How it works: Grid expansion in five steps
There is a broad consensus in Germany regarding the need for grid expansion. However, the extent to which new routes are to be constructed and their precise location is yet to be determined. This will now be done on a regular basis in a process consisting of five consecutive steps with significant public involvement. The aim is to equip the network landscape for the switch to renewable energy sources as quickly as possible and to reach the necessary decisions together with society as a whole.
How much electricity will we need in ten years' time? What role will coal-fired power plants and wind turbines play in the future? Possible answers are provided once a year by what's known as the Scenario Framework. It describes the likely developments in the German energy landscape over the coming years. The framework is drafted by the transmission system operators and approved by the Bundesnetzagentur.
Network Development Plan and Environmental Assessment
The scenarios help the transmission system operators to calculate expansion requirements for the next decade. The result is the Network Development Plan, which must be confirmed by the Bundesnetzagentur. The Bundesnetzagentur also documents any potential damage to the environment in an environmental report. Rounds of participation allow citizens, industry associations and public authorities to work together constructively on the Network Development Plan and the Environmental Assessment.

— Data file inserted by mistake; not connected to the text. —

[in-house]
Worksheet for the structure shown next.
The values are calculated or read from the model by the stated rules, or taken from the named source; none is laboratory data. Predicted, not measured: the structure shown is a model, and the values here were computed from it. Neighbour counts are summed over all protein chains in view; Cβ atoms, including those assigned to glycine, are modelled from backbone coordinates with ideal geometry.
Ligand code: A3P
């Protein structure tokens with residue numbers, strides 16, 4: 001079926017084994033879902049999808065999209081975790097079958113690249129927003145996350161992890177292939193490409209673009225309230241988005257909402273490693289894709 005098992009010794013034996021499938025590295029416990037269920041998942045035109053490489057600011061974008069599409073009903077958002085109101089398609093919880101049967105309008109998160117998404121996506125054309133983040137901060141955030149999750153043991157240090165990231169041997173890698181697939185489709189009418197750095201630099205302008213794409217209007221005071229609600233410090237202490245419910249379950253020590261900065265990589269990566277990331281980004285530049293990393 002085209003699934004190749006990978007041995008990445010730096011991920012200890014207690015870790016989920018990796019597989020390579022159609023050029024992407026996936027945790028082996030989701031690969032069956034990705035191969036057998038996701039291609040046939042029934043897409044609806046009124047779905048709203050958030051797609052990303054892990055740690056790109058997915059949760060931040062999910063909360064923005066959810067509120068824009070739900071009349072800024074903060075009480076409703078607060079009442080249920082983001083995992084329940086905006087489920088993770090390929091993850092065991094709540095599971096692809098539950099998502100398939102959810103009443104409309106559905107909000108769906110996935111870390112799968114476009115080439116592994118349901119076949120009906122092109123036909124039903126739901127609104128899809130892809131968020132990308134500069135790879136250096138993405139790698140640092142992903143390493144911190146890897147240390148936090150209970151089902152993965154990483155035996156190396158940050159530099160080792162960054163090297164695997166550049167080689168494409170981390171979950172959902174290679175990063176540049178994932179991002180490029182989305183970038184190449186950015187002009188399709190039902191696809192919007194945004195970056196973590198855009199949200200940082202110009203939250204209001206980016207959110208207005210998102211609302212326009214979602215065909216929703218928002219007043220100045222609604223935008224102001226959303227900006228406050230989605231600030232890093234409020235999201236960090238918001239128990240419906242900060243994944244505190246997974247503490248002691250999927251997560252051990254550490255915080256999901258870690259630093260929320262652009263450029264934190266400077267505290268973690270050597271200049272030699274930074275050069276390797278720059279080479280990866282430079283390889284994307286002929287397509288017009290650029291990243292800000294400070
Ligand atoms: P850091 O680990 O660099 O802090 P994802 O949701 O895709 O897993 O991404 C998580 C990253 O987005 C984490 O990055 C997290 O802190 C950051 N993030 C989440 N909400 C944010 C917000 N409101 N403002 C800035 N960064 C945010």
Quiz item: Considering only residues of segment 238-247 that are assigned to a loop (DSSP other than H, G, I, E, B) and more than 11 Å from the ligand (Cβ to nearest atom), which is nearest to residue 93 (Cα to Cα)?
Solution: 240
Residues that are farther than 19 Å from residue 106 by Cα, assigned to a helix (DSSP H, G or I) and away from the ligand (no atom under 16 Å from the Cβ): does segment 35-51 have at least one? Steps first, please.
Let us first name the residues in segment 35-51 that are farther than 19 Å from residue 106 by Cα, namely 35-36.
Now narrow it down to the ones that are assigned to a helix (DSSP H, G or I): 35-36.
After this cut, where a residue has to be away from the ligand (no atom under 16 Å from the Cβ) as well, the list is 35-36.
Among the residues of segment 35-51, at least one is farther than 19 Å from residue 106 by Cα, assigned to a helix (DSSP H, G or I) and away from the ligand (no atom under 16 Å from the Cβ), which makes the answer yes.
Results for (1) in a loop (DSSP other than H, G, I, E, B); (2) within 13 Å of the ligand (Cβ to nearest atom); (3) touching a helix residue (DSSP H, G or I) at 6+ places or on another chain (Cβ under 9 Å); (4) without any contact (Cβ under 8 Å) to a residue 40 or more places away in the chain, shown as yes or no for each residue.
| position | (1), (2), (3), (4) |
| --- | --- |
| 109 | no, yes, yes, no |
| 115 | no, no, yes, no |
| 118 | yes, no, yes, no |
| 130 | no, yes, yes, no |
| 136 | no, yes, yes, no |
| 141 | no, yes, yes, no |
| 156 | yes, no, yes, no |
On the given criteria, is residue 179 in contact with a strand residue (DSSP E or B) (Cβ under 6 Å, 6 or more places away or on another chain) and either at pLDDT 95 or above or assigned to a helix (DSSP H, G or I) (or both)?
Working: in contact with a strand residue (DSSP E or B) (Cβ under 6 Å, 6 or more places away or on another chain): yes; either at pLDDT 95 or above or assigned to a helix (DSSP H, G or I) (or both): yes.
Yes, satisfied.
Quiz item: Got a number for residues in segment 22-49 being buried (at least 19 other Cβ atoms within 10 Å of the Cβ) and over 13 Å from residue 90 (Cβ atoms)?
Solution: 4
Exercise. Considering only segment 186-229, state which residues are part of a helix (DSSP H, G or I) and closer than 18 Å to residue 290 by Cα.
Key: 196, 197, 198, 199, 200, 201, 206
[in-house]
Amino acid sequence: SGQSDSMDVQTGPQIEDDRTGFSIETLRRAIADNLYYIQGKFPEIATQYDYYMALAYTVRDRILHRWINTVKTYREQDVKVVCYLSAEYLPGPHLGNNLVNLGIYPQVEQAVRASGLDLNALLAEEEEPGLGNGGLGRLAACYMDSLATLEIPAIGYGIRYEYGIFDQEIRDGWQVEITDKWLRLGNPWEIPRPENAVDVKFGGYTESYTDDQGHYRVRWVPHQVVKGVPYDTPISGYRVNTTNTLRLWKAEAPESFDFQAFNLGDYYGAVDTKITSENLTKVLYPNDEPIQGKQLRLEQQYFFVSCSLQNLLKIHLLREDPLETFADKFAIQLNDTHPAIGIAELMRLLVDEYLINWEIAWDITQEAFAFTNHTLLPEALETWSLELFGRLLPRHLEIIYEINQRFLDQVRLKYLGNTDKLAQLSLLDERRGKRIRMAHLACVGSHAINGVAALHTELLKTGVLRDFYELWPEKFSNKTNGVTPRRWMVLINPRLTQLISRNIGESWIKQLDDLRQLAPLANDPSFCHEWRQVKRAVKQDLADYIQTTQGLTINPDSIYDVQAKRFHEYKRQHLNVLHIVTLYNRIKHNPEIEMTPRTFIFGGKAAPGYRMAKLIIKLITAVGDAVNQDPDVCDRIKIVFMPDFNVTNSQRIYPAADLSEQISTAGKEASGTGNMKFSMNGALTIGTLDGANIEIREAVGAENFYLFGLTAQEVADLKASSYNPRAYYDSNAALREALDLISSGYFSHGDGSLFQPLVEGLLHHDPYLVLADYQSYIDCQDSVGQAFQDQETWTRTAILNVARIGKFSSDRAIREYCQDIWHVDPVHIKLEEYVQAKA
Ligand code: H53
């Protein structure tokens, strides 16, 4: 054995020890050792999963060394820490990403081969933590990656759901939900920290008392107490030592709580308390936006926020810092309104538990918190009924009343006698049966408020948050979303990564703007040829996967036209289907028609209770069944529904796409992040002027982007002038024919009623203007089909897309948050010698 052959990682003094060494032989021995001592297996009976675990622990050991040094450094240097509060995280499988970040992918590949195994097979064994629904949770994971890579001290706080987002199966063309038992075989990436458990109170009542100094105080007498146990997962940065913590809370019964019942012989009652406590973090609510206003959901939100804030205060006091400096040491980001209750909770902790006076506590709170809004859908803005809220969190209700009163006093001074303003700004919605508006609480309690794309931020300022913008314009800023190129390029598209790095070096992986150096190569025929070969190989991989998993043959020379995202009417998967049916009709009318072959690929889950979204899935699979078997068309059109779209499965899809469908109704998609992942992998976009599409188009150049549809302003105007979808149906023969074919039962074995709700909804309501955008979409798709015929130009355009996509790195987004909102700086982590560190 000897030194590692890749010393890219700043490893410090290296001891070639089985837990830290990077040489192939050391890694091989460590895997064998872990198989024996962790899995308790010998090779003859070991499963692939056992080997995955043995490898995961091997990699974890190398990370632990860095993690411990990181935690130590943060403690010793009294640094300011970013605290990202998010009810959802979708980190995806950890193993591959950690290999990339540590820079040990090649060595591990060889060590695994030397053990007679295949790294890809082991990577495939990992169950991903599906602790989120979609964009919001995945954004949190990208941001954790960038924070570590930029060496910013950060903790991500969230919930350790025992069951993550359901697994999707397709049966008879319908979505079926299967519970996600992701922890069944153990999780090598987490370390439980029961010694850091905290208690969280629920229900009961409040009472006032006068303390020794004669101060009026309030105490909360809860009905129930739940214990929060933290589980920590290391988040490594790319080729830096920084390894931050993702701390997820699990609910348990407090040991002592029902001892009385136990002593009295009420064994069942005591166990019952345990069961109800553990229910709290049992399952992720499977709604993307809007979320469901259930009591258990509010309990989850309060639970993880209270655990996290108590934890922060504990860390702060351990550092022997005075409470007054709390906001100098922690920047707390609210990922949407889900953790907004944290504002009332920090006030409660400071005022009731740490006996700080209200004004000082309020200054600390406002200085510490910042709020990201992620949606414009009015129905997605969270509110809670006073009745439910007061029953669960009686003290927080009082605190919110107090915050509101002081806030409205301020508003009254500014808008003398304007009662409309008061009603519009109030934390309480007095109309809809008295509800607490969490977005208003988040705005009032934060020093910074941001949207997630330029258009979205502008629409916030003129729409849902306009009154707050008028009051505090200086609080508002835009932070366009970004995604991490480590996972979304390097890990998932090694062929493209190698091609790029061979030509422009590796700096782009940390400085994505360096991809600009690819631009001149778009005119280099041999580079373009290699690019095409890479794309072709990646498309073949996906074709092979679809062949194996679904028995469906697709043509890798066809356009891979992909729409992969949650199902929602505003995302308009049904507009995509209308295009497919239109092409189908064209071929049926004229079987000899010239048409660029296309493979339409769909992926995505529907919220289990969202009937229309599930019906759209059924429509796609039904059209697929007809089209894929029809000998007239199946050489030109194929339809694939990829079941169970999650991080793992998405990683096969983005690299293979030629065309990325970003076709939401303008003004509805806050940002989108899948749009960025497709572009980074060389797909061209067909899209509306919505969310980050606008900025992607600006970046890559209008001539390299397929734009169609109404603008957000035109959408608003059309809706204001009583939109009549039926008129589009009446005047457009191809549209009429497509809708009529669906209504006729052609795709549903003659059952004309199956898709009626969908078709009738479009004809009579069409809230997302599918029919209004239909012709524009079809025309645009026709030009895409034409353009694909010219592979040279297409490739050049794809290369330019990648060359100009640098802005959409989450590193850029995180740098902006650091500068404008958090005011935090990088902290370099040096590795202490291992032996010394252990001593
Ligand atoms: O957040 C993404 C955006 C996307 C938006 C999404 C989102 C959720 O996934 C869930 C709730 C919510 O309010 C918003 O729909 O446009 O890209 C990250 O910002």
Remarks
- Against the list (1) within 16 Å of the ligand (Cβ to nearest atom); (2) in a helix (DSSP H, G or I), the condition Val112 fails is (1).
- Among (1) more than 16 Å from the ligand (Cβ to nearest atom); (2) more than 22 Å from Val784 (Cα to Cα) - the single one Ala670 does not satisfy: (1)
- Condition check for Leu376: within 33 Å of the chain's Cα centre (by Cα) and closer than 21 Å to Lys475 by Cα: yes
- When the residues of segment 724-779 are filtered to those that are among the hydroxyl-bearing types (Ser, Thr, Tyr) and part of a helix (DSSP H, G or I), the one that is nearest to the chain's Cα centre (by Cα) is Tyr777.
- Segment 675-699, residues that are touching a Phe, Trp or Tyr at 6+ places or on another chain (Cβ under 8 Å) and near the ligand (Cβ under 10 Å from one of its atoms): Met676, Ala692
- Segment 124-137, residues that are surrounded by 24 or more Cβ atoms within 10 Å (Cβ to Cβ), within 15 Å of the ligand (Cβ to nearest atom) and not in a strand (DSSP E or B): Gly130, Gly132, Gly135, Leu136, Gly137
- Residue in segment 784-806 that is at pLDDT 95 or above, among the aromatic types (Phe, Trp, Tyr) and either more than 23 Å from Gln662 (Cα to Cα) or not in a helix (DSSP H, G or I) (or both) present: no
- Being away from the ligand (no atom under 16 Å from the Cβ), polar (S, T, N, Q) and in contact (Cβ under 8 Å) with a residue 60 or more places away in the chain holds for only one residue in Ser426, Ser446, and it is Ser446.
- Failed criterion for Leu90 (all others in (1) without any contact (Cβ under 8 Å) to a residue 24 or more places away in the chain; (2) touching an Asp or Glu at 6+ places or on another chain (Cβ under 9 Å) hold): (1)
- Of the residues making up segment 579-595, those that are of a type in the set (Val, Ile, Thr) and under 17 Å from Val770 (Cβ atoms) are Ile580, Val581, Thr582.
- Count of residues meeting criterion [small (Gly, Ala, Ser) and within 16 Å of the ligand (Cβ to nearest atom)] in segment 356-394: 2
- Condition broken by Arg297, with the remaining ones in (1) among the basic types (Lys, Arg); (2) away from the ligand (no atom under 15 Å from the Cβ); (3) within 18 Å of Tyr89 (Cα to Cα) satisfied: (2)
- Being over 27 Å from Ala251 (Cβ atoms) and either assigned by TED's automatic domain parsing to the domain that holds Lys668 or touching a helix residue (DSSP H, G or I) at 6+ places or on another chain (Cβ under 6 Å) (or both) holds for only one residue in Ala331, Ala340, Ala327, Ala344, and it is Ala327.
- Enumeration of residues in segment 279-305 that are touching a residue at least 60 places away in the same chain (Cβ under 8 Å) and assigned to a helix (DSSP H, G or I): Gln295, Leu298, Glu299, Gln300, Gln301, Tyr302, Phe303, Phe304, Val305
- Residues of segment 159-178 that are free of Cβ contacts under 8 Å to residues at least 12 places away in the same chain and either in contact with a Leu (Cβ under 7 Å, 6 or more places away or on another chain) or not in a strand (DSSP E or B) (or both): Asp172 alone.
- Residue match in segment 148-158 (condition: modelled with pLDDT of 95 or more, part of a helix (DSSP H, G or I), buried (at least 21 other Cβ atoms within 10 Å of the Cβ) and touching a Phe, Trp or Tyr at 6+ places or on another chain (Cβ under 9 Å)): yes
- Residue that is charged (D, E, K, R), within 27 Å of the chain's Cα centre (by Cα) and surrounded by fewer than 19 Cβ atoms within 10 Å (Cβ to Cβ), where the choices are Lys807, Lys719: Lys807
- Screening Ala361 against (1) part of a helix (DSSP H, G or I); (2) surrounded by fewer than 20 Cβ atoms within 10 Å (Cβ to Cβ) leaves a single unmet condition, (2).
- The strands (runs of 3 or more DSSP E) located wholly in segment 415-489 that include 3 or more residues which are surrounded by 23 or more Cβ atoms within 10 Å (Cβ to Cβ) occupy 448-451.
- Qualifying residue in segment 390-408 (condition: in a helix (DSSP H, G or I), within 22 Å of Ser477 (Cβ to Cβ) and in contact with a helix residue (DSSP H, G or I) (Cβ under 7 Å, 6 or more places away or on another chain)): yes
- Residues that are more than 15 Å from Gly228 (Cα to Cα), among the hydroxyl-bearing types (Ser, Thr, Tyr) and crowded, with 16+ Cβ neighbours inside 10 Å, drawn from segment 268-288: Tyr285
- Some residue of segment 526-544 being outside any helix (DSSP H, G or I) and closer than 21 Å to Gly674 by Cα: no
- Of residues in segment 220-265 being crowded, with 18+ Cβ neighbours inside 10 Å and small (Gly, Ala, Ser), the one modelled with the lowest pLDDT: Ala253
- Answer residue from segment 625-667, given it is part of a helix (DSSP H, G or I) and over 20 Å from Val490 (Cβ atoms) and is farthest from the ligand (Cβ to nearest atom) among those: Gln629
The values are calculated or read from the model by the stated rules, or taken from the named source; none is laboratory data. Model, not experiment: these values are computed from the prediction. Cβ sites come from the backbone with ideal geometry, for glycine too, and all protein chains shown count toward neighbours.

Together with the environmental report, the Network Development Plan forms the draft Federal Requirements Plan. This contains a list of the necessary projects – including start and end points for each new construction project. The federal government is presented with a draft such as this at least every four years. This starts the legislative process which concludes with the necessity of all projects being determined by law.
Federal Sectoral Planning
The next step depends on whether or not the planned extra-high voltage cable crosses national or federal borders. If it does, it is not the relevant federal state authority but the Bundesnetzagentur which is responsible. The Bundesnetzagentur decides on the corridors proposed by the transmission system operators. It examines the route of the corridor in what is known as Federal Sectoral Planning, which includes a Strategic Environmental Assessment.
The corridors determined in step four form the basis of the Planning Approval Proceedings. The transmission system operators must take several alternative routes into consideration for each corridor. Their proposals are discussed publicly and assessed for their environmental compatibility. At the end, a planning approval decision is reached with the routes that impact the least on people and the environment.